The five principles deal with a need for "greater choice and continuity in residential living and improved residential space," as well as "additional and improved social spaces controlled by students."

Wright said the Trustees are willing to put up money to construct new residence structures which could drastically alter the College's residential housing system. Additional apartments and town houses -- smaller scale complexes with social spaces built in -- are options the Trustees would like the community to consider, although he said the Board does not have "a firm decision on any physical plan."

Wright said both he and the Board would like to see a reduction in the number of students living in off-campus housing, and said the College may chose to build as many as 400 new beds in the hopes of bringing back to campus "about 200 students who would like to be on-campus." Social space & dining

The need for additional social space has become a much talked about issue at the College since the decision was made in January of 1994 to convert Webster Hall -- a medium-sized programming space which often hosted concerts and other such events -- into the site of the new Rauner Special Collections Library.

But Wright said the Trustees may move on construction of a new space, or spaces, as early as fall of 1999, if by then they have decided on a plan of action.

The Trustees' statement that achievement of the five principles will require a change in "dining arrangements" means the College's dining system -- something that has gained little attention in recent years -- will become a topic of discussion in the upcoming months.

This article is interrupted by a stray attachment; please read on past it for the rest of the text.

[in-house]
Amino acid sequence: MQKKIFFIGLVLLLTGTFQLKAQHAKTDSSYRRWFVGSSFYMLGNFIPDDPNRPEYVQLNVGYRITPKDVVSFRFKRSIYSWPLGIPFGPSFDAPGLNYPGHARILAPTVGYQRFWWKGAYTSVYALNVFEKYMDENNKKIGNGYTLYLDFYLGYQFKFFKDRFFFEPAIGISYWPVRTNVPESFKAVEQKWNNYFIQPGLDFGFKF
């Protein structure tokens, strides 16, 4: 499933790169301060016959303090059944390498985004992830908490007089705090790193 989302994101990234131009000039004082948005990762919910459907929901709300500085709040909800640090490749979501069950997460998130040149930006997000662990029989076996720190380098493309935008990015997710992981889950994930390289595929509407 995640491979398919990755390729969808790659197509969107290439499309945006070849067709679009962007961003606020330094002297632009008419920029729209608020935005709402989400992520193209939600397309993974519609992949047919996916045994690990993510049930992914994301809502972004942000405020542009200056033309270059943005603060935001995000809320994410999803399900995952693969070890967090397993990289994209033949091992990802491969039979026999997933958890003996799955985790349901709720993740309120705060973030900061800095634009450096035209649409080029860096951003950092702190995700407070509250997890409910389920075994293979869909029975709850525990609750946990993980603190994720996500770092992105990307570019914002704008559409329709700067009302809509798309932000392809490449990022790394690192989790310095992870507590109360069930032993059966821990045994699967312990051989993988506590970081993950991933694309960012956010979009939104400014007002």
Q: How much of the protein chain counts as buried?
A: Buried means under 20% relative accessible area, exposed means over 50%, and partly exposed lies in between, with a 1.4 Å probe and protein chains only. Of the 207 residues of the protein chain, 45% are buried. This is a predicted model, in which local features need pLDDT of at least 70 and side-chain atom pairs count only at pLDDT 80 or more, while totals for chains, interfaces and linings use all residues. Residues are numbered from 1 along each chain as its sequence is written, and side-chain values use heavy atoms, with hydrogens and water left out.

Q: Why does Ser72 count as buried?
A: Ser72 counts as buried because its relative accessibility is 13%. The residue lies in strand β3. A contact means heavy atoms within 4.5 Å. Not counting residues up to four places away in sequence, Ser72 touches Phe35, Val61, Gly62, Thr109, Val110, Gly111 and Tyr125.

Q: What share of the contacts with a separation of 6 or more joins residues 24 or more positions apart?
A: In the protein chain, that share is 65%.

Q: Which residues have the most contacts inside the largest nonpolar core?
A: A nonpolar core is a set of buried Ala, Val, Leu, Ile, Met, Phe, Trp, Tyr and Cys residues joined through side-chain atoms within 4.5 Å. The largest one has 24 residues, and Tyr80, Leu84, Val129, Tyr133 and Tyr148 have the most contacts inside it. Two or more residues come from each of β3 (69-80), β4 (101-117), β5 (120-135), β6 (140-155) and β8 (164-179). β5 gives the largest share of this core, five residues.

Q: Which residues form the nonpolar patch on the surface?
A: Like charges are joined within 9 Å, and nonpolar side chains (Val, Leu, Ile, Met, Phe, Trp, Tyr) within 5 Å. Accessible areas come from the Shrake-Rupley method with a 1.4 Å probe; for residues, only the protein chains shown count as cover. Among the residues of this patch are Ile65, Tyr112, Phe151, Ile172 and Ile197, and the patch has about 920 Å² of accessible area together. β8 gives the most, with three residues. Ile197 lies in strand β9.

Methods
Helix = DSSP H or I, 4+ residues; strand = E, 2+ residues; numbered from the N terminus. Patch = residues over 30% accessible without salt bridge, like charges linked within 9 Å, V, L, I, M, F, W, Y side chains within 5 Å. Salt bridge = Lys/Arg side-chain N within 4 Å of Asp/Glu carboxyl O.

Wright said the Trustees are considering, among other things, the possibility of decentralizing dining on campus -- constructing two or three smaller dining halls on the campus in addition to current dining options -- although he said a system like that of Yale University, where each residence hall has an accompanying dining hall, is not likely.

"I'm not trying to model what we do on what Yale or Harvard or any other place does," Wright said. "I think what we're talking about is what a Dartmouth residential and social life system would look like. But I think decentralized dining could be a part of it."

Wright said decentralizing dining might make for more social space, as there would be more locations for "dinners with programming associated with them" that could also be "cleared out to provide social spaces on different parts of the campus in the evening."